Filmmaker Shyamalan makes his nonfiction debut with this engaging presentation of the results of his research into methods for closing America's education gap. The author begins with his visits to two Philadelphia high schools: the top-performing magnet school Masterman and its neighbor Overbrook, where only 54 percent of students got their diplomas. These differences prompted Shyamalan to begin an extensive investigation of common beliefs about the problems with American education and how they can be fixed. He interviewed experts nationwide and toured schools where leading-edge work is being done. Many believe that smaller class sizes are a key to success; others take up the cause of parental choice and vouchers. The state of Tennessee's STAR program has been promoting smaller class sizes since the 1980s, while Milwaukee has been sponsoring voucher-paid programs, which increase parental choice about which school their children attend. Shyamalan finds evidence that the Tennessee program "has a minimal positive result," while the biggest measured effect of the Milwaukee program has been on parental satisfaction, which Shyamalan considers "a poor proxy for improved student performance." Two of the five keys the author found are tied to fostering the positive impact of good teachers. The author claims that those who defend the concept of tenure have the problem "completely upside down." It is not possible to know what kind of teacher someone is going to be until they have been on the job for at least two to three years. The tenure system can therefore serve to protect the positions of bad teachers whose earlier departures would strengthen the longer-term contributions better teachers can make. The author also wants principals to be engaged directly in improving classroom quality. A lively, provocative contribution from an outsider with his own way of addressing the problem.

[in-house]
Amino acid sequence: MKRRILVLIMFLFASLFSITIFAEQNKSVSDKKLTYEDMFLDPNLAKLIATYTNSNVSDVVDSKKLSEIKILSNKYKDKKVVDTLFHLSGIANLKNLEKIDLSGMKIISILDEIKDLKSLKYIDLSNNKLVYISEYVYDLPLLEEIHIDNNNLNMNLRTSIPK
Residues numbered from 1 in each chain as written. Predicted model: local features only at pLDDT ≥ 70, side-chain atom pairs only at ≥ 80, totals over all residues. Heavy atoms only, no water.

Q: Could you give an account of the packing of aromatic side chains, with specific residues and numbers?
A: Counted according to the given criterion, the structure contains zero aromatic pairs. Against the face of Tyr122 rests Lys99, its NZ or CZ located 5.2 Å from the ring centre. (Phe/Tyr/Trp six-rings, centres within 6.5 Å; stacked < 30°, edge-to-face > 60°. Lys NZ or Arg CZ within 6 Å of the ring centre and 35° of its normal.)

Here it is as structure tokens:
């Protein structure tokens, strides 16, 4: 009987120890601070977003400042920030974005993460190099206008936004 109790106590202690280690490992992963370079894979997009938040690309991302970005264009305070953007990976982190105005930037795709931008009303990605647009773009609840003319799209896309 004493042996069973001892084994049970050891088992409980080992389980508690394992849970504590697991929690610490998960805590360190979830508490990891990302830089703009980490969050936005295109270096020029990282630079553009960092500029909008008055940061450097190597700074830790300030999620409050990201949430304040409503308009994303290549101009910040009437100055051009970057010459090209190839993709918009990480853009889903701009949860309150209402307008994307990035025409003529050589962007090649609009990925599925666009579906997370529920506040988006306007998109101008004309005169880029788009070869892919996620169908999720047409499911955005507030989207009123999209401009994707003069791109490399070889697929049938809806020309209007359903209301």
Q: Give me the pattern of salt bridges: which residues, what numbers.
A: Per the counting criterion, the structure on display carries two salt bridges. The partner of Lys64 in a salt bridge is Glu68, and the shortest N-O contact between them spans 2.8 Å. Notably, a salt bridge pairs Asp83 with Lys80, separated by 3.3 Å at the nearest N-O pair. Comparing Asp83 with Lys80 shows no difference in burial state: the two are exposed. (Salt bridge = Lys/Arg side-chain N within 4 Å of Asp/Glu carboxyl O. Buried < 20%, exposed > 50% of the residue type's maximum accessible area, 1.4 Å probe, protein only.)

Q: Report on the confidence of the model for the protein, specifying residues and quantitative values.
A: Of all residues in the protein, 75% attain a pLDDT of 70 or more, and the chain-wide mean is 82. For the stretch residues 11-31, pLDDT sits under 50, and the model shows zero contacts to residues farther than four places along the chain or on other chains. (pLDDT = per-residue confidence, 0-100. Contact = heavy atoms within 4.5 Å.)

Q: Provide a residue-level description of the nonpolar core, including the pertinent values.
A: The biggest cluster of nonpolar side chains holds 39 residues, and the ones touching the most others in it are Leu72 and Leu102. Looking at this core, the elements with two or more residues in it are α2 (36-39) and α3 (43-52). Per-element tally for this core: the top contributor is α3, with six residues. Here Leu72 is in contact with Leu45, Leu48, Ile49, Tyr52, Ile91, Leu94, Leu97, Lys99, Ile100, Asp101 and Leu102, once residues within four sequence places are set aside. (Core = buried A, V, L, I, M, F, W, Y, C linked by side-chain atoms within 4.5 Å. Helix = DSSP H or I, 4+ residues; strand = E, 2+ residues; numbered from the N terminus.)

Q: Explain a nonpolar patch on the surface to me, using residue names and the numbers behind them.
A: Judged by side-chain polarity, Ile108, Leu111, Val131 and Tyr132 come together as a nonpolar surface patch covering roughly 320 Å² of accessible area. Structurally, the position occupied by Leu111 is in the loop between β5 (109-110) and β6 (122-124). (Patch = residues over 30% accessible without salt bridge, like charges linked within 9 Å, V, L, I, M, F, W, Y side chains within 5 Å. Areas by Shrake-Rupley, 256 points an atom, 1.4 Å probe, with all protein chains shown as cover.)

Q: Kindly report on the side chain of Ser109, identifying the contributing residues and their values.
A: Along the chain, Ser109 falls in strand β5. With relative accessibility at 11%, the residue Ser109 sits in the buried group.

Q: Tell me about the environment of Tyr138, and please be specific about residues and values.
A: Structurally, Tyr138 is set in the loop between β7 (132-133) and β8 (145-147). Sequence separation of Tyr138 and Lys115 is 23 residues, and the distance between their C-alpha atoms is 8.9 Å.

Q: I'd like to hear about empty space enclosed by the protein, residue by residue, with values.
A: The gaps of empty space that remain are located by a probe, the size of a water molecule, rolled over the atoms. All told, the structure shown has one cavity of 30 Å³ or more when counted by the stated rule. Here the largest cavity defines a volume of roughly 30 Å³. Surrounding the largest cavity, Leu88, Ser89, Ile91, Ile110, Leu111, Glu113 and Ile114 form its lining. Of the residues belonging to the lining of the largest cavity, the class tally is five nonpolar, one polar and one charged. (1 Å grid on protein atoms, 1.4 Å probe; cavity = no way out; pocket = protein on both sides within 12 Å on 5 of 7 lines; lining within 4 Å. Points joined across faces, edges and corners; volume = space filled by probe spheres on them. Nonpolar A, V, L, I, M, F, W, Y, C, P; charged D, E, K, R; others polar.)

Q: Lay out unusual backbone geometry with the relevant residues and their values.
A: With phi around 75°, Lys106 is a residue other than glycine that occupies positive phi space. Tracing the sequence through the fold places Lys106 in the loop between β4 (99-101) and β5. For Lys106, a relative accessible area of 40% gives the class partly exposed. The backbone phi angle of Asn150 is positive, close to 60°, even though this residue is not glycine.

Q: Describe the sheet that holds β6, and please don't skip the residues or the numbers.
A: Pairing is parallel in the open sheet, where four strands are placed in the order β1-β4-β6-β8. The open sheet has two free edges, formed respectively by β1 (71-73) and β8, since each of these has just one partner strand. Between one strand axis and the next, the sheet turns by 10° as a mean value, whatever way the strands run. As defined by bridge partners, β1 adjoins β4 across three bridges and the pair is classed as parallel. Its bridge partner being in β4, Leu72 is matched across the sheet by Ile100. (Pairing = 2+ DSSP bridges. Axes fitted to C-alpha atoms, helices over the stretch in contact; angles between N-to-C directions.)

Library Journal
While scouting locations in Philadelphia, director/screenwriter/producer Shyamalan was shocked at the difference between two schools he visited—one student-friendly and the other with barred windows and locked classroom doors—and became involved in educational reform. Drawing on consultations with experts, he cites 50 high-achieving schools in poor neighborhoods and explains what they have in common. Here's hoping the author's reputation will bring readers.